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Torpedo Boats in Action

The first Whitehead to be fired with hostile intent was directed at the Peruvian monitor Huáscar by the British cruiser Shah, which sought to capture or destroy the former to prevent her from further lawless attacks on British vessels. On May 29, 1877, the English cruiser Shah fired one Whitehead torpedo at the Peruvian Huascar, but it had not power to run the distance. The shot failed because fired at too great a distance.

In the Russo-Turkish war, a Turkish ironclad was sunk in an encounter with a torpedo boat. In the Russo-Turkish war of 1877, out of nine cases of attack by Russian torpedo boats the Turks lost one ironclad and two steamers, while three ironclads were injured. The loss in men is unknown. On the Russian side three torpedo boats were injured, also three steam sloops, while one torpedo boat was sunken. Two sailors were killed and ten wounded.

Russia built ten little torpedo-boats, only eight meters long, destined solely for service on the Danube, and these little boats soon went into active service during the Russo-Turkish war. The Turkish monitor "Se'ifi" was stationed, with two other vessels, in an arm of the Danube on the night of the 25th- 26th of May, 1877, while two boats of the little squadron rowed guard. Three small Russian torpedo-boats came down the river, keeping close to the bank and going dead slow, so aa to avoid being observed. About two o'clock in the morning the leading one, the "Tzarevitch," commanded by Lieutenant Dubasoff, having reached a position within two hundred meters of the "Seifi" approached the latter at full speed and exploded her torpedo under the quarter of the Turkish vessel, which at once began to sink. Lieutenant Chestakoif, who commanded the torpedo-boat "Xenia," succeeded in exploding his torpedo in contact with the side of another of the Turkish vessels. While the "Seifi" was sinking, her ship's company kept up a heavy fire of musketry upon the two Russian boats, but, under full steam, they escaped without losing a man.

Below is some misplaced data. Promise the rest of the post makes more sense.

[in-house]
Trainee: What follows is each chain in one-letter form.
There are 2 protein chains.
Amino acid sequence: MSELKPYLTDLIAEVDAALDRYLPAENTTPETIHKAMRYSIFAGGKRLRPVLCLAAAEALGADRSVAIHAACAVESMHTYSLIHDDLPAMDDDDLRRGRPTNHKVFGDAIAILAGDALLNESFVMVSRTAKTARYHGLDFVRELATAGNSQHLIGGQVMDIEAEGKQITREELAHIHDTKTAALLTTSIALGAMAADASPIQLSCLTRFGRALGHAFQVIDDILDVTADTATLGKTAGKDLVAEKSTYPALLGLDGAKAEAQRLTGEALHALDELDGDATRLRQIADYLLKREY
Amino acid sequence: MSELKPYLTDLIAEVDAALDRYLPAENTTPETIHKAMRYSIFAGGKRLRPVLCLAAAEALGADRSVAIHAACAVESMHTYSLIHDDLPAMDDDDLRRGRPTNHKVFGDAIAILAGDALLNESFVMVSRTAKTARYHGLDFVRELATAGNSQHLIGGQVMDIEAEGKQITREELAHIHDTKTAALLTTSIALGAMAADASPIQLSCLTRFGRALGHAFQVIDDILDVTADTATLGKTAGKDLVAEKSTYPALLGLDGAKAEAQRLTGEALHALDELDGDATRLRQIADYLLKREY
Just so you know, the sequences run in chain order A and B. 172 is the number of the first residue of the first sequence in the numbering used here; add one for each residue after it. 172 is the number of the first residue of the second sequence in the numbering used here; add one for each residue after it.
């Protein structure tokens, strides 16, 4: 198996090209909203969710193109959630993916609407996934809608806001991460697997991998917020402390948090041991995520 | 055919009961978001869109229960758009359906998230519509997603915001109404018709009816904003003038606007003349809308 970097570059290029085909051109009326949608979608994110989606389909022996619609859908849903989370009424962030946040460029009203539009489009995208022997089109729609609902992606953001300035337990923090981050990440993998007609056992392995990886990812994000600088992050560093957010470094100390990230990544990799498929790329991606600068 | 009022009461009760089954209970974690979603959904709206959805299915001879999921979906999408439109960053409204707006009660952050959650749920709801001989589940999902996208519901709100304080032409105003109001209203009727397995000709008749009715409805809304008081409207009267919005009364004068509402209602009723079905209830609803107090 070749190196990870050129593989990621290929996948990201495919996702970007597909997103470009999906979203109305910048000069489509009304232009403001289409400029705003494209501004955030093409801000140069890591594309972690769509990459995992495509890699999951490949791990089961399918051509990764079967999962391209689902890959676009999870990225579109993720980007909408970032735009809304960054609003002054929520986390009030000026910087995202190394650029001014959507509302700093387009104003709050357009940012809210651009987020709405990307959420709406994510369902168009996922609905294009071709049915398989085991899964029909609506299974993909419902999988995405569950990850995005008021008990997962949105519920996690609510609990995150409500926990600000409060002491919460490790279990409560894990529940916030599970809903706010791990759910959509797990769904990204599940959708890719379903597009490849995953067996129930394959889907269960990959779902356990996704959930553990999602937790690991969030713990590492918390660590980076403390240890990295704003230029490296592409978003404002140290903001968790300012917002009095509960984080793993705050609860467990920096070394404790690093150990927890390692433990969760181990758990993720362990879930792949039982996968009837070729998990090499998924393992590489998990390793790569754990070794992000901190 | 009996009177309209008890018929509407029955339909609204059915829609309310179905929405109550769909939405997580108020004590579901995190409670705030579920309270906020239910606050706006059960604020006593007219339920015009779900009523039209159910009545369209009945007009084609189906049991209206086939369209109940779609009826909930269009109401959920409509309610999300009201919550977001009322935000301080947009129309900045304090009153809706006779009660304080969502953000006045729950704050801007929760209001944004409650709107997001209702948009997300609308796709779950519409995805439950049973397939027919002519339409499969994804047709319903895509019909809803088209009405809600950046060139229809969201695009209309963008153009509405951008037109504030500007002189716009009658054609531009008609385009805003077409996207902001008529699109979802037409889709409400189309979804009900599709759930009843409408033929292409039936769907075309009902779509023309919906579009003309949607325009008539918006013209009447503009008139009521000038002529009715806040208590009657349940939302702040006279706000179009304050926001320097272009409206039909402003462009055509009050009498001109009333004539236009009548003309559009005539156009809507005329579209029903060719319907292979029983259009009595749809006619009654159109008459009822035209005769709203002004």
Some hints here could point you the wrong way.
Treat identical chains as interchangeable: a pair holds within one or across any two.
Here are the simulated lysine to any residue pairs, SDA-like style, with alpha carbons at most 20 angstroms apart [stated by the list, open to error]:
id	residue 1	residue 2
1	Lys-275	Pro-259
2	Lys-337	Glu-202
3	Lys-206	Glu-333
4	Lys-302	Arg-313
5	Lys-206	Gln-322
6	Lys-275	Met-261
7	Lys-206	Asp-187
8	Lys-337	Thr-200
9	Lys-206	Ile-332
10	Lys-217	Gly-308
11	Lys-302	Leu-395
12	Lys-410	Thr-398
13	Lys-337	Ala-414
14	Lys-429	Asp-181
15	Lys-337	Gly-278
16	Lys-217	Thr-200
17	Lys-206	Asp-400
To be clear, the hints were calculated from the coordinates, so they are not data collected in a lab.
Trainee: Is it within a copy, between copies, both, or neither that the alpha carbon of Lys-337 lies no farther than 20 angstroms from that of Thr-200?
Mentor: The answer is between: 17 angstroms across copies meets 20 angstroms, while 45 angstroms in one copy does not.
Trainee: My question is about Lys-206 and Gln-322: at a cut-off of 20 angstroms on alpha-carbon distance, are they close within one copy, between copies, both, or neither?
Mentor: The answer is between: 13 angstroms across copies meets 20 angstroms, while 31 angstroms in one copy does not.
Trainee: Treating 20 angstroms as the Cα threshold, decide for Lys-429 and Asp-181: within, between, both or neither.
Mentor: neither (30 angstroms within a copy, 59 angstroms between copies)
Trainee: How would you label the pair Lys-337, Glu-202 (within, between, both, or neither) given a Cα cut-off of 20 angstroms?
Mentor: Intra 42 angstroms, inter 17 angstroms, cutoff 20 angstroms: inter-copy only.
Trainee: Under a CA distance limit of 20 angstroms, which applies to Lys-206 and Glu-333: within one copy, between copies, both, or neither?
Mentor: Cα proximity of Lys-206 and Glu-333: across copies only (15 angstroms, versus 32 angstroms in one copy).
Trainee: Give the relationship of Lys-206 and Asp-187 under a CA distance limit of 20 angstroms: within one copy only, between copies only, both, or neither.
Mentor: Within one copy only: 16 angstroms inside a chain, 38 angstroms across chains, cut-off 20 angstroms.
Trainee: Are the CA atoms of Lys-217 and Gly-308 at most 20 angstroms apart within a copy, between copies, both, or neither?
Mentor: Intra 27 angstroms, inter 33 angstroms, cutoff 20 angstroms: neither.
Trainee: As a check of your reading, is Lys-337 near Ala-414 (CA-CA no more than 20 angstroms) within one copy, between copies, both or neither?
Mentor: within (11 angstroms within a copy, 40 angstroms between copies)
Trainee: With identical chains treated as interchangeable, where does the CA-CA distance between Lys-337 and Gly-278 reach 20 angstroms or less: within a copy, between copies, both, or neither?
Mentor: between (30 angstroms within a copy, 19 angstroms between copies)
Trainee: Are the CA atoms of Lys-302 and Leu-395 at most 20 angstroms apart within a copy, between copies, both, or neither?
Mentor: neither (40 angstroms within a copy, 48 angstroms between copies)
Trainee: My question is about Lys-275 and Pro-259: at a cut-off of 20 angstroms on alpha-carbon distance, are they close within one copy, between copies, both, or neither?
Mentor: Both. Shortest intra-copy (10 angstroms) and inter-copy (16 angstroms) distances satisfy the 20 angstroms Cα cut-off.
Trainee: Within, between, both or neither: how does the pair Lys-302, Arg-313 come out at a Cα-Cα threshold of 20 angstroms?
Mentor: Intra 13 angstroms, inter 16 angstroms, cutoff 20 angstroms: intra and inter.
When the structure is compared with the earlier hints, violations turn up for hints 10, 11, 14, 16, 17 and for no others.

In the following year the Russians had another success to record. Several Turkish vessels, one of which was a cruiser of fifteen hundred tons, were anchored off Batoum. During the night of January 25, 1878, two Russian boats carrying Whitehead torpedoes and named "Tchesm6" and " Sinope," quietly approached the anchorage. This time the assailants did not have to approach so close, and thus expose themselves to the fire of muskets and mitrailleuses. The Whitehead torpedoes could be used at a distance of three to four hundred meters. But, to make sure of success, the Russians approached much closer than that, undiscovered. At a distance of less than one hundred metres they simultaneonsly launched their torpedoes, and the Ottoman cruiser was sunk, while the Russian boats got off without any injury.

In both these affairs, then, where vessels were destroyed by torpedoes, the assailants got safely away, and it was evidently necessary to devise new means of defense, so as to prevent surprise and to destroy the assailants in case they succeeded in eluding the vigilance of the lookouts on board the vessels attacked.

On August 28th, 1879, the "Huascar" visited Antofagasta, and found there the Chilian warships "Magallanes" and "Abtao," under the shelter of the guns of the forts. The "Huascar" had just been fitted with the Lay torpedo, and proceeded to use it against the "Abtao." On entering the water, however, it turned and came straight back on the "Huascar." The turret-ship was in imminent danger, when Lieutenant Canseco leaped into the water and guided the treacherous weapon aside.